File photo: Independent Media
Foreign national without papers locked up illegally. Desperately ill, the 30-something man just wants to go home to the DRC.

Like so many foreign nationals, the crime Abdul Hamiez has been jailed for not having proper documentation.

Hamiez, who is in his thirties, was arrested on February 2 while he trained at a public outdoor gym on Durban’s St Georges Street.

He was moved to the Westville police station in December by the Department of Home Affairs (DHA).

Now he just wants to return home.

“I don’t have family in South Africa, nobody knows what happened to me. They can’t bail me out,” he said.

During Hamiez’s only court appearance, shortly after his arrest, he was fined R200 for being an undocumented foreigner, but was unable to pay the fine.

The NPO Lawyers for Human Rights has taken up his fight after they were alerted by DA MP Haniff Hoosen.

On Friday, the organisation issued a letter of demand to the department requesting Hamiez’s immediate release.

Attorney Thandeka Duma said: “We are assisting Hamiez. We sent an urgent letter to the DHA for his immediate release because you cannot detain someone for more than 120 days.”

According to South African immigration legislation, it was unlawful to de­tain illegal foreigners for more than 120 days, which begins from the date of arrest. A court order is required to extend the detention every 30 days of incarceration.

Siya Qoza, a department spokesperson, has denied it was guilty of any wrongdoing. 

“We always strive to effect deportations within the prescribed ­period and ensure any extensions of detention are duly authorised by a magistrate, as prescribed by the law.”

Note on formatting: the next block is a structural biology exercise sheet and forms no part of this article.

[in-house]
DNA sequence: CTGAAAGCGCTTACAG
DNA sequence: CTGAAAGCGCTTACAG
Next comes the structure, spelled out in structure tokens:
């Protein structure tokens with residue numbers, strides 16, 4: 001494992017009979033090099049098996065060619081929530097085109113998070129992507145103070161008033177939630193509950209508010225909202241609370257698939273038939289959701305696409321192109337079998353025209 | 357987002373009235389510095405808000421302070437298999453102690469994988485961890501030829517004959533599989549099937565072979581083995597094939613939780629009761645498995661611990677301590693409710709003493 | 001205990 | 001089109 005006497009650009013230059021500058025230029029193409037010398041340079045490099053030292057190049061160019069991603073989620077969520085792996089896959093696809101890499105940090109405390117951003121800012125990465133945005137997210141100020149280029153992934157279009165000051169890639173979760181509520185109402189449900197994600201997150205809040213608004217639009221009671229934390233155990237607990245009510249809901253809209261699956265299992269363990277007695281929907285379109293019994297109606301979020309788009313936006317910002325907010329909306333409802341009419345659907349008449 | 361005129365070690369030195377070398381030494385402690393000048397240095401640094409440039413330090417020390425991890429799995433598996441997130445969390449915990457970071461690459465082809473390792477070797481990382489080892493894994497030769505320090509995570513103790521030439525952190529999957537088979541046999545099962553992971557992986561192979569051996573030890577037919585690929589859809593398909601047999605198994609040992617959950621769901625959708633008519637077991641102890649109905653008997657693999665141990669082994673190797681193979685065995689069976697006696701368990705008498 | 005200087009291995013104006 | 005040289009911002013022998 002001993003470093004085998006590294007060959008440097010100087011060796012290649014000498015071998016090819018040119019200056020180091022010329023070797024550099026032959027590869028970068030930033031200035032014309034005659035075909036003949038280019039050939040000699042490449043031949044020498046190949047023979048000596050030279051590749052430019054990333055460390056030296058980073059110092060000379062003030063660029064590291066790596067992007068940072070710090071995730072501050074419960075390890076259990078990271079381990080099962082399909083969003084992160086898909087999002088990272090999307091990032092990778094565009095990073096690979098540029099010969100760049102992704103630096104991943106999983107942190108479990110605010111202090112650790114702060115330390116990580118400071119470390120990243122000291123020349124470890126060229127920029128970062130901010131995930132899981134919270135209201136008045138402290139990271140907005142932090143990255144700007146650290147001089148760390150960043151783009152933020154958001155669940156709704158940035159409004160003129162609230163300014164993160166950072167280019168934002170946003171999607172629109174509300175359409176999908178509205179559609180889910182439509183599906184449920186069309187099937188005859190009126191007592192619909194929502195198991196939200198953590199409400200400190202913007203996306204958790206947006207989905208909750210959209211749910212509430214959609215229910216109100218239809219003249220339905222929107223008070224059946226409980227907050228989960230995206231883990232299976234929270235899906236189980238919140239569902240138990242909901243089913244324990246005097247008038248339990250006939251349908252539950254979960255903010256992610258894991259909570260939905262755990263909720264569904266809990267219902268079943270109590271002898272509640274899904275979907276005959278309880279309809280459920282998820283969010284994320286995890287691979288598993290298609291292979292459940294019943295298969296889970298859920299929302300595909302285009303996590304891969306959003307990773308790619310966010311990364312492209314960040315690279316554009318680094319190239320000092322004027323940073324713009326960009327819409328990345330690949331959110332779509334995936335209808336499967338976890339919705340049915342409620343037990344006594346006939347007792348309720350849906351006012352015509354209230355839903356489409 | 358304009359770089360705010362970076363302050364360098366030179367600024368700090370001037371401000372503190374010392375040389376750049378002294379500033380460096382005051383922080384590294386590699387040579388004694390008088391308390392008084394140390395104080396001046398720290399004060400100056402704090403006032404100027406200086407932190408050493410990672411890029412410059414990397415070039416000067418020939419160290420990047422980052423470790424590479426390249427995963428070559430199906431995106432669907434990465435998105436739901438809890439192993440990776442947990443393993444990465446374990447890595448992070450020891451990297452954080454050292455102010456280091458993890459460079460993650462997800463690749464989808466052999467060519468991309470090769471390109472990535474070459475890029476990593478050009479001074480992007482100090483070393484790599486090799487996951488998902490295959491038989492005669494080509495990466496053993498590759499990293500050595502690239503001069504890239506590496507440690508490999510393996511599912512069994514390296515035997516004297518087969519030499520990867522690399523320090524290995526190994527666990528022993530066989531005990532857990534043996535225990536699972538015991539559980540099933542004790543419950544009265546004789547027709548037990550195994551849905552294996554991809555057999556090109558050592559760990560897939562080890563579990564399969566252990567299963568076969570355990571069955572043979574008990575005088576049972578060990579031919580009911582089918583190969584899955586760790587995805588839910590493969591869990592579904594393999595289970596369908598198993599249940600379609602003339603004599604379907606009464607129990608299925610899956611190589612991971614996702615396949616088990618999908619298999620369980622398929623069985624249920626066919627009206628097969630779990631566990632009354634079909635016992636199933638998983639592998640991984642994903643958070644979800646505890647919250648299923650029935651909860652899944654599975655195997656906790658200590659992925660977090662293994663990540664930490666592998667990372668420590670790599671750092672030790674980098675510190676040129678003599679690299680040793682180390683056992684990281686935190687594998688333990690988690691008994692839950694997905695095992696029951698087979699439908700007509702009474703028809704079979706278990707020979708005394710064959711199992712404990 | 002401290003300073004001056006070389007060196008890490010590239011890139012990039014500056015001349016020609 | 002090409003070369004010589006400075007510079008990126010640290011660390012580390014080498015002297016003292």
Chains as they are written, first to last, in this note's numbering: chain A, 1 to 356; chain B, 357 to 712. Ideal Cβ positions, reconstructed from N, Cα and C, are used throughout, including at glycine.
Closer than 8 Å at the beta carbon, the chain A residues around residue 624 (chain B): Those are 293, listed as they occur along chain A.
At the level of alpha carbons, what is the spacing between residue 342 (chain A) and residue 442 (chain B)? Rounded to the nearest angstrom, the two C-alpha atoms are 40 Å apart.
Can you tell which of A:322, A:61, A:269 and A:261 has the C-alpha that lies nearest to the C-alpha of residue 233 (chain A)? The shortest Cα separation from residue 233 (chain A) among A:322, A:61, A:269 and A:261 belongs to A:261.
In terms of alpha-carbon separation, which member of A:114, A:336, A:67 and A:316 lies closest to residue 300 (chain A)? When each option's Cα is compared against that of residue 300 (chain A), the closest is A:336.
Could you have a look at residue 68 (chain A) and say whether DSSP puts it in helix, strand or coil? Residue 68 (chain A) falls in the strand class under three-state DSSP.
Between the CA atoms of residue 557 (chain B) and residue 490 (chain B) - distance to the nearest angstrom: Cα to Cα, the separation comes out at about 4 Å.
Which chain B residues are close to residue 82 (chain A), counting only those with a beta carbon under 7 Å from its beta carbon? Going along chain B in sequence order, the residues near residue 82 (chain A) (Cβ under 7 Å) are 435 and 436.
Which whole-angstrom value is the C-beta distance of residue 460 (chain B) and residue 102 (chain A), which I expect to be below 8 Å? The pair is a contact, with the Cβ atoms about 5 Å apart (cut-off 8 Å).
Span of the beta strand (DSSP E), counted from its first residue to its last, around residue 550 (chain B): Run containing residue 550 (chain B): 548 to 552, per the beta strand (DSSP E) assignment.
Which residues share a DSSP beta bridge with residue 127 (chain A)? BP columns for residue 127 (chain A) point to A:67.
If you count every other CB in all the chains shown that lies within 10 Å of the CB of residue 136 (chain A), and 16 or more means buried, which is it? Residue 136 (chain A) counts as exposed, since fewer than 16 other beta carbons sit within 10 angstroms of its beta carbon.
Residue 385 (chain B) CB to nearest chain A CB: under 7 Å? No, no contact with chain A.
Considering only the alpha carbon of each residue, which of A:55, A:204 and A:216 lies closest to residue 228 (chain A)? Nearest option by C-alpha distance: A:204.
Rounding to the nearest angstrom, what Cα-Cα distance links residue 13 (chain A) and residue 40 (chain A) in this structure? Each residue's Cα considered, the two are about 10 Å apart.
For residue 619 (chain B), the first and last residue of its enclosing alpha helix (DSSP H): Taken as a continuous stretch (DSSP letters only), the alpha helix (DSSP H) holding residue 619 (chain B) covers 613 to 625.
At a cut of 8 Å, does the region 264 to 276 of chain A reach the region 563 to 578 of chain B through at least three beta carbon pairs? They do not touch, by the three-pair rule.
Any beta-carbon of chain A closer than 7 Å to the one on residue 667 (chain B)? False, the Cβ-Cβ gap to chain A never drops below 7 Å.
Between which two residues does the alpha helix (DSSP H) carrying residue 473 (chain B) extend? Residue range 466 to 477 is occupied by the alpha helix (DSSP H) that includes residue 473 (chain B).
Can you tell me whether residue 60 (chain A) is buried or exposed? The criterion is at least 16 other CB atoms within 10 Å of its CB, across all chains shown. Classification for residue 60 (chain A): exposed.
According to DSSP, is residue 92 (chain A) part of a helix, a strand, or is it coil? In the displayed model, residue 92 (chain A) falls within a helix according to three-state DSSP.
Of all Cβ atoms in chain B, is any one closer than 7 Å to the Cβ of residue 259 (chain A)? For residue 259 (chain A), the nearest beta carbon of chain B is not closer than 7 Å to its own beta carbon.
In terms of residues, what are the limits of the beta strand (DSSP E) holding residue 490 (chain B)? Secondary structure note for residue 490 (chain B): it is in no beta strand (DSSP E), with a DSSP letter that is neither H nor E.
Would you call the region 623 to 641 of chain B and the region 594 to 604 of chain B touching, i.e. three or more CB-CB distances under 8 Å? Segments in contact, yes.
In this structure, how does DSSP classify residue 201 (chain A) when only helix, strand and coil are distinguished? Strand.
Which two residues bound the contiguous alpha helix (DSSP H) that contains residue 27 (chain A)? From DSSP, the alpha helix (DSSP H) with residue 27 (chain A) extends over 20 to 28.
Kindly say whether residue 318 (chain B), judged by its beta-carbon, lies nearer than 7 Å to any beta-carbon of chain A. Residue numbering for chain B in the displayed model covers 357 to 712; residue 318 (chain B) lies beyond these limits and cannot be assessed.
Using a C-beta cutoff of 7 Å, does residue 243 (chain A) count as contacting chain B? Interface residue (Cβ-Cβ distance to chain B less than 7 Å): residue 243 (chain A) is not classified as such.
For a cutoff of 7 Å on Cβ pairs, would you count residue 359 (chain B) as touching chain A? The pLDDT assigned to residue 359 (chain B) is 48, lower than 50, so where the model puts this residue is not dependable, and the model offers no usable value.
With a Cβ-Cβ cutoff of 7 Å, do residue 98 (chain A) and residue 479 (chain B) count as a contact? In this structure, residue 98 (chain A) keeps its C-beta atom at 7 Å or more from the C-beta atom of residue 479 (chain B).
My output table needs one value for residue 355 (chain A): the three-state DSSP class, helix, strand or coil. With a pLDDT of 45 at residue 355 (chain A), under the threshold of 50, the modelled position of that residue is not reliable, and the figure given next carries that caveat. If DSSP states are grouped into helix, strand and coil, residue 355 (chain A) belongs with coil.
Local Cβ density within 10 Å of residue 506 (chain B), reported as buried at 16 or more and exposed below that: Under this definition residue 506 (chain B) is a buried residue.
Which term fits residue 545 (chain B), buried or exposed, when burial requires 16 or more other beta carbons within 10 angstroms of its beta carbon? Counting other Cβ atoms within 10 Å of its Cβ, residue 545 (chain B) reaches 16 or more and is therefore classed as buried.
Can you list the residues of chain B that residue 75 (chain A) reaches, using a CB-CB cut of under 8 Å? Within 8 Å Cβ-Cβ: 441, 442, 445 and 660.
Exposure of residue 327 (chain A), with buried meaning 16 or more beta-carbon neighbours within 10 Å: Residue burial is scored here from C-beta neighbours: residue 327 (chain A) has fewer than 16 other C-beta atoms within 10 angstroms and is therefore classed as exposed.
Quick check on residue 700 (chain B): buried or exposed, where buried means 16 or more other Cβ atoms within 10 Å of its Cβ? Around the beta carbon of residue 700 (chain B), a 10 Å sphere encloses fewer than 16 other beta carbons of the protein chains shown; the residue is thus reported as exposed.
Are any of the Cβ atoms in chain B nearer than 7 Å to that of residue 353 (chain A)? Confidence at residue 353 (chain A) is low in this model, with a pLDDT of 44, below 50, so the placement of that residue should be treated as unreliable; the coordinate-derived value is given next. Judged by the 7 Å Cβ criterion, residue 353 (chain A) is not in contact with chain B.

However, Hoosen said: “The immigration section of the DHA operates like a mafia organisation and has very little regard for the rights of foreign nationals.

“They tried to justify Hamiez’s in­carceration on the basis that he was in Westville Prison on another criminal offence.

“I checked and discovered Hamiez was only arrested for being without documentation,” said Hoosen.

There were eight illegal foreigners being held at Westville police station, including Hamiez, many of them there since December, said Hoosen.

A police source said the foreigners went on a hunger strike out of frustration.

“In November, we had as many as 27 foreigners. The problem in Westville is that some members of the community knowingly employ illegal foreigners. They hire them as cheap labourers and exploit their services. They take up all our space in the cells. Suspects who we arrest are often transferred elsewhere.

“Hamiez who has been in detention since February is in desperate need of medical attention for stomach complications. Each time he goes to hospital, it is for a day. Two policemen will accompany him. We have one vehicle dealing with complaints and the other with crime prevention. Each time he goes to hospital, one vehicle becomes unavailable,” said the source.

Qoza said anyone detained in a police facility became their responsibility. “The DHA could not have known of any health challenge the detainee faced unless informed by police. They are also not supposed to effect any release of detainees, under the Immigration Act, unless requested to do so by the DHA.

“Our department ensures that vehicles are available to provinces for the speedy transfer of detainees to Lindela Repatriation Centre (Gauteng) for deportation,” said Qoza.

Hoosen said police had the added burden of housing and caring for illegal immigrants because the DHA was shirking its duty.

Police had not responded to questions at the time of going to publication.

Sunday Tribune